VoIP and bandwidth optimization
Voice over Internet Protocol (VoIP) has exploded in popularity. VoIP services that connect to conventional telephone services (publically switched telephone network or PSTN) have become ubiquitous. More and more individuals and businesses use VoIP as their primary phone service in large part because it saves them money and because their Internet service provider promotes its use.
Skype is an example of another application of VoIP technology. Skype supports unlimited free calling between Skype users through an application installed on a computer (softphone). Cellular companies now offer VoIP options in an effort to conserve the finite capacity of their towers and to provide service in areas with poor or non-existent cellular service.
The algorithms used to convert sounds into digital signals are referred to as codecs (shorthand for code/decode). Once the sounds are in digital format they can be sent over the Internet or a private IP network. If the destination is a phone on the PSTN, the signal is converted back to a regular telephone signal before it goes onto the PSTN. VoIP calls can originate directly from a computer, from a VoIP phone, from a smartphone, or from a traditional analog phone connected to a VoIP adapter.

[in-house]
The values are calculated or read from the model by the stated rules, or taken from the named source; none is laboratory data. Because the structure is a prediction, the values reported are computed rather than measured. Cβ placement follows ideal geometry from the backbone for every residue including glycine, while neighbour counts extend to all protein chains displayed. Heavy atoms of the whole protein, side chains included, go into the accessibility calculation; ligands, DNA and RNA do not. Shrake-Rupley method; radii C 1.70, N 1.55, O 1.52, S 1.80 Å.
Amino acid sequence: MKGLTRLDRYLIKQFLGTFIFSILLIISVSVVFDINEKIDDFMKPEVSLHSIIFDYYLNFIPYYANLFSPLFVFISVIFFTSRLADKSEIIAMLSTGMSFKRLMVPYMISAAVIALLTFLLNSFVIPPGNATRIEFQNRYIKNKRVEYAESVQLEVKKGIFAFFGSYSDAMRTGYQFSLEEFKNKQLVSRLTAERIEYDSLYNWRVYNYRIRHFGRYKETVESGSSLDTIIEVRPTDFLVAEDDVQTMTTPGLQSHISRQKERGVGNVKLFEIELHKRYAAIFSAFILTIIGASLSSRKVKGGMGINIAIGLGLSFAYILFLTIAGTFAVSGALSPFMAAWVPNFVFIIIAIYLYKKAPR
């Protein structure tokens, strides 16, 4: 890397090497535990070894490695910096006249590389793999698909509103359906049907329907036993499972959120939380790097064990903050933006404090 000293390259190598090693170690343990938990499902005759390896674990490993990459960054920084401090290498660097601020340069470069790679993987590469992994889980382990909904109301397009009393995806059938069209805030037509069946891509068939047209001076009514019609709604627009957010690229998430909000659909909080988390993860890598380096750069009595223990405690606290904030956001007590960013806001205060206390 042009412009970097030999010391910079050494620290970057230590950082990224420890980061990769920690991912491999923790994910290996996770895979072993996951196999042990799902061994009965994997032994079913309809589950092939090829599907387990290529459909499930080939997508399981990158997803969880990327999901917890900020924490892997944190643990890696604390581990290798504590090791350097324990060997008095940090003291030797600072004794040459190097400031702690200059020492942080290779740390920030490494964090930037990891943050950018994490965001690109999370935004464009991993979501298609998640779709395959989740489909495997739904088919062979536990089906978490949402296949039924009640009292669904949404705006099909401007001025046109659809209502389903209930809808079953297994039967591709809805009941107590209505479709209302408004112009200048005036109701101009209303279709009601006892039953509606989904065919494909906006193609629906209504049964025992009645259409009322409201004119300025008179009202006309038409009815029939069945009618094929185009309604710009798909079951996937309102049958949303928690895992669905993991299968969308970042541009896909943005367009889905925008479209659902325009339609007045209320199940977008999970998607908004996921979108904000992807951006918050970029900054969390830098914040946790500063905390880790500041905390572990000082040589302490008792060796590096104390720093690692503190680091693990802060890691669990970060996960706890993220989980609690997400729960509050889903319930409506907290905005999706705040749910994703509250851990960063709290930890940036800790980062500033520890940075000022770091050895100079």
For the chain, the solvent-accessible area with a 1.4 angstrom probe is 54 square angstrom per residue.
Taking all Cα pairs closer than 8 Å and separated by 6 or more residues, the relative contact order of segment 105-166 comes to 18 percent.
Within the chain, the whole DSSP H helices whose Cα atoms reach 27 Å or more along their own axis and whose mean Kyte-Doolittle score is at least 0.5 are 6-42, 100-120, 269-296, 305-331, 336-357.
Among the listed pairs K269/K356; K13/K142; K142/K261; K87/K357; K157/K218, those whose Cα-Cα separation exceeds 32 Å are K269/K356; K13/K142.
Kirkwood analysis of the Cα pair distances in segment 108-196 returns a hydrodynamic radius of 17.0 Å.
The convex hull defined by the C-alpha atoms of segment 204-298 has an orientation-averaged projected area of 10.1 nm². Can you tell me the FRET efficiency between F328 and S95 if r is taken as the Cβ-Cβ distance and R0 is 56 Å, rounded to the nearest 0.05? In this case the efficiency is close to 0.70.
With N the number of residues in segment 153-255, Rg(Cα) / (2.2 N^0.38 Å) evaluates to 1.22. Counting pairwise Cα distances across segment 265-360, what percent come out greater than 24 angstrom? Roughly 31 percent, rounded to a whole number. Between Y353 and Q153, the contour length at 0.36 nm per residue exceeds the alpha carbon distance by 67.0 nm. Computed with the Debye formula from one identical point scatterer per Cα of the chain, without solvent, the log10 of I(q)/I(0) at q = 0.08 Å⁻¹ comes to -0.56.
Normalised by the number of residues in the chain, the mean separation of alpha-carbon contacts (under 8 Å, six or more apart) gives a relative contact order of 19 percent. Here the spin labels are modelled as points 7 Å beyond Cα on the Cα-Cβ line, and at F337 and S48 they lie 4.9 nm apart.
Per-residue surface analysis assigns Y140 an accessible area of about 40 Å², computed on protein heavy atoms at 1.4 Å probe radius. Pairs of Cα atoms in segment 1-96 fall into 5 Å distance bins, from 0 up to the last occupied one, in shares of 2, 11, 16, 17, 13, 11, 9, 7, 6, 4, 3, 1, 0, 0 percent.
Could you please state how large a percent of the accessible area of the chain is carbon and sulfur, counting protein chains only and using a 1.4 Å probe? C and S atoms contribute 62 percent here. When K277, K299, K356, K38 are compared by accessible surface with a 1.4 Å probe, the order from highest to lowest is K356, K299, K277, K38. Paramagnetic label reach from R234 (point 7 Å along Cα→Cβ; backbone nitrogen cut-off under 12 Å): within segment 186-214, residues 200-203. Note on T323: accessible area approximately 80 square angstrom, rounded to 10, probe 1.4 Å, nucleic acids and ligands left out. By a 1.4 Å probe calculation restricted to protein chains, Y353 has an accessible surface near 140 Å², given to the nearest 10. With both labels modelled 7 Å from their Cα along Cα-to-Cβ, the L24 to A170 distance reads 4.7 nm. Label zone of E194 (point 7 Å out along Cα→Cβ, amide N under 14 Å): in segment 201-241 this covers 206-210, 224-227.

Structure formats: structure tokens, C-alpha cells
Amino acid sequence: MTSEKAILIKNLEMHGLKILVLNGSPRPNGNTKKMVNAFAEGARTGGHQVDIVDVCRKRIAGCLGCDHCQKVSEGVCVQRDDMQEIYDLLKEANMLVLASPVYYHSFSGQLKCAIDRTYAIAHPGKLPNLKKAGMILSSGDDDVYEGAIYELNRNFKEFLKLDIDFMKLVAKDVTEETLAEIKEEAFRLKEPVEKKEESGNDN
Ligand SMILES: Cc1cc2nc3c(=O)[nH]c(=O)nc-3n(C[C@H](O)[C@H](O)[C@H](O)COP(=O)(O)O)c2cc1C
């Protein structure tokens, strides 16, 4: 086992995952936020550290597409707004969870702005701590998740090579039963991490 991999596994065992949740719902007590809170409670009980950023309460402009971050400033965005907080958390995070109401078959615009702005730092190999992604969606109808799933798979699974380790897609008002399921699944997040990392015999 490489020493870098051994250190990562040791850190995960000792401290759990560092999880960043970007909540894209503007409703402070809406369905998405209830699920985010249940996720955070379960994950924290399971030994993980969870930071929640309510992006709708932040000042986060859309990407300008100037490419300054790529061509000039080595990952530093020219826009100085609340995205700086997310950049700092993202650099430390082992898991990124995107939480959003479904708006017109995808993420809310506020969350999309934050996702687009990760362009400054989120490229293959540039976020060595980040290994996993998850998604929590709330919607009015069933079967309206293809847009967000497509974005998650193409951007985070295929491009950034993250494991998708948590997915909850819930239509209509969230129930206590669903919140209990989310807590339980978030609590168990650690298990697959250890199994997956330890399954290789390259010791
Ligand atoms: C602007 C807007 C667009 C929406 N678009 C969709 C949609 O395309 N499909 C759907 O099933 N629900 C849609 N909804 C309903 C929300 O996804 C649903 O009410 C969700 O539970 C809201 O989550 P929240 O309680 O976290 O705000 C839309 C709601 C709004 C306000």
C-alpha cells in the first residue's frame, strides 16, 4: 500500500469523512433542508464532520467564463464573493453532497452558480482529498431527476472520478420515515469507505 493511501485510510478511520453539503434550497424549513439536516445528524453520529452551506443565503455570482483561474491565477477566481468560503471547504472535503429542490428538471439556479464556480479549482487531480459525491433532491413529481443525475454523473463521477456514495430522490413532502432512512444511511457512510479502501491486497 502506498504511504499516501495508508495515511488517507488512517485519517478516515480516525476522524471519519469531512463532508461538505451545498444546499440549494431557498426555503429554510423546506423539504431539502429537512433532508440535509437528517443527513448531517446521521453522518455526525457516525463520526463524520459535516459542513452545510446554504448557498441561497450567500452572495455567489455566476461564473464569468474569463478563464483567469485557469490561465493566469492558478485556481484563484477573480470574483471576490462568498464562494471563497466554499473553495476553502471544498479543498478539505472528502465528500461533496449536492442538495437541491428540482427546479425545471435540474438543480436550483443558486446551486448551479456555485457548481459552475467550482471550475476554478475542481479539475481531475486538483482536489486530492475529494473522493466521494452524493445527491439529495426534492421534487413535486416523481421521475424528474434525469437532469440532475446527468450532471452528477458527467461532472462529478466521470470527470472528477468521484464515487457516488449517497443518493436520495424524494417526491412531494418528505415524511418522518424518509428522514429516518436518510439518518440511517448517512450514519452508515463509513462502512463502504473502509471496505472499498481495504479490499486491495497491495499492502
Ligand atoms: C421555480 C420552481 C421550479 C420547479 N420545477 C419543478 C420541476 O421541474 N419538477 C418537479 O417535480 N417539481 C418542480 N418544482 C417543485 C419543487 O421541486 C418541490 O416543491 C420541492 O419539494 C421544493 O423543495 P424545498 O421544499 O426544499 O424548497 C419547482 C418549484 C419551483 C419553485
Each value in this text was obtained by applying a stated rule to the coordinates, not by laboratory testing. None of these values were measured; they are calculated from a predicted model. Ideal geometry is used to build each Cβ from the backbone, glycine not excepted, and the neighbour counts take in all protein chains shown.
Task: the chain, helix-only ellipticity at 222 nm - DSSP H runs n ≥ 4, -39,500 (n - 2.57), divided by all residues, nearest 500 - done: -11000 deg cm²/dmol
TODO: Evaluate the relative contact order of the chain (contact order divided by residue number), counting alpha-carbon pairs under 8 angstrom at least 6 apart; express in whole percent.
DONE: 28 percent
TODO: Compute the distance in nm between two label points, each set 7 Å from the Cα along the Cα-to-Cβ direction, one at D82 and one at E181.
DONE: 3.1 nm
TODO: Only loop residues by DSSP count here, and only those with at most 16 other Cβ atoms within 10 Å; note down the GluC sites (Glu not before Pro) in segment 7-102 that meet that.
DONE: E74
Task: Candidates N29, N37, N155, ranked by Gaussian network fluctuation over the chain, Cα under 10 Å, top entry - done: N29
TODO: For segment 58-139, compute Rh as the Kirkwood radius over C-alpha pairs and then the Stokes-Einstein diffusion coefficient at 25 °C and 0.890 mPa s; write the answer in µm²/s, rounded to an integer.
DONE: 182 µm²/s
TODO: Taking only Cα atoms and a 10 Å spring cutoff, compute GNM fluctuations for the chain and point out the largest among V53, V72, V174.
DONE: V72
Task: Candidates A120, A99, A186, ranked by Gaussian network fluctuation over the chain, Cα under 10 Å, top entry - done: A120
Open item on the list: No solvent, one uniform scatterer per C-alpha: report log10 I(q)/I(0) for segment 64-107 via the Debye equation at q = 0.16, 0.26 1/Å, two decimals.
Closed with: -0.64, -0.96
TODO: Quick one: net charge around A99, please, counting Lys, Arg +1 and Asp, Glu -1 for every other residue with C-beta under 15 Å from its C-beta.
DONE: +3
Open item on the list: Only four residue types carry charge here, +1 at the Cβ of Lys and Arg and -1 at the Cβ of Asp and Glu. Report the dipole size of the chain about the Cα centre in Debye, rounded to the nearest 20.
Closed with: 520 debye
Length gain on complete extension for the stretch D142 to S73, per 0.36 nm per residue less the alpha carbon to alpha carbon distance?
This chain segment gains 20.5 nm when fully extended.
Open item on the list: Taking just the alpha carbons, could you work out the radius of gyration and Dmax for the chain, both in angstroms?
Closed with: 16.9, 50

The quality of VoIP calls depends upon a number of factors. Sound quality begins with the codec used to convert analog sounds to digital packets and back again. Regardless of how good the conversion may be, if there is insufficient bandwidth allocated to the call, VoIP packets will not arrive at the other end and audio quality will suffer. (Think cellular calls on the edge of coverage where packet loss is high.)
Most VoIP implementations deploy some form of quality of service (QoS) to manage bandwidth. When VoIP calls come online, the QoS manager assigns the call a predefined amount of bandwidth. But QoS cannot guarantee there is sufficient bandwidth for the call.
Acceleration Systems bandwidth optimization service is so efficient it can offload as much as 90% of the network traffic. That means more bandwidth for calls. In addition, Acceleration Systems employs a first-to-market, advanced QoS algorithm that instantaneously senses changes in the upstream capacity of the Internet connection and regulates the rate that LAN-side applications send data to the Internet gateway device. This avoids long queues in the buffer at the gateway where QoS is applied. Conventional QoS may prioritize VoIP packets, but if the QoS engine does not see the packets because they are stuck in a long queue, call quality suffers.
Acceleration Systems’ dynamic QoS optimizes call quality even over highly contended connections with fluctuating uplink speeds. While Acceleration Systems’ QoS is especially beneficial on extreme links like wireless and satellite, all VoIP calls benefit regardless of the type connection.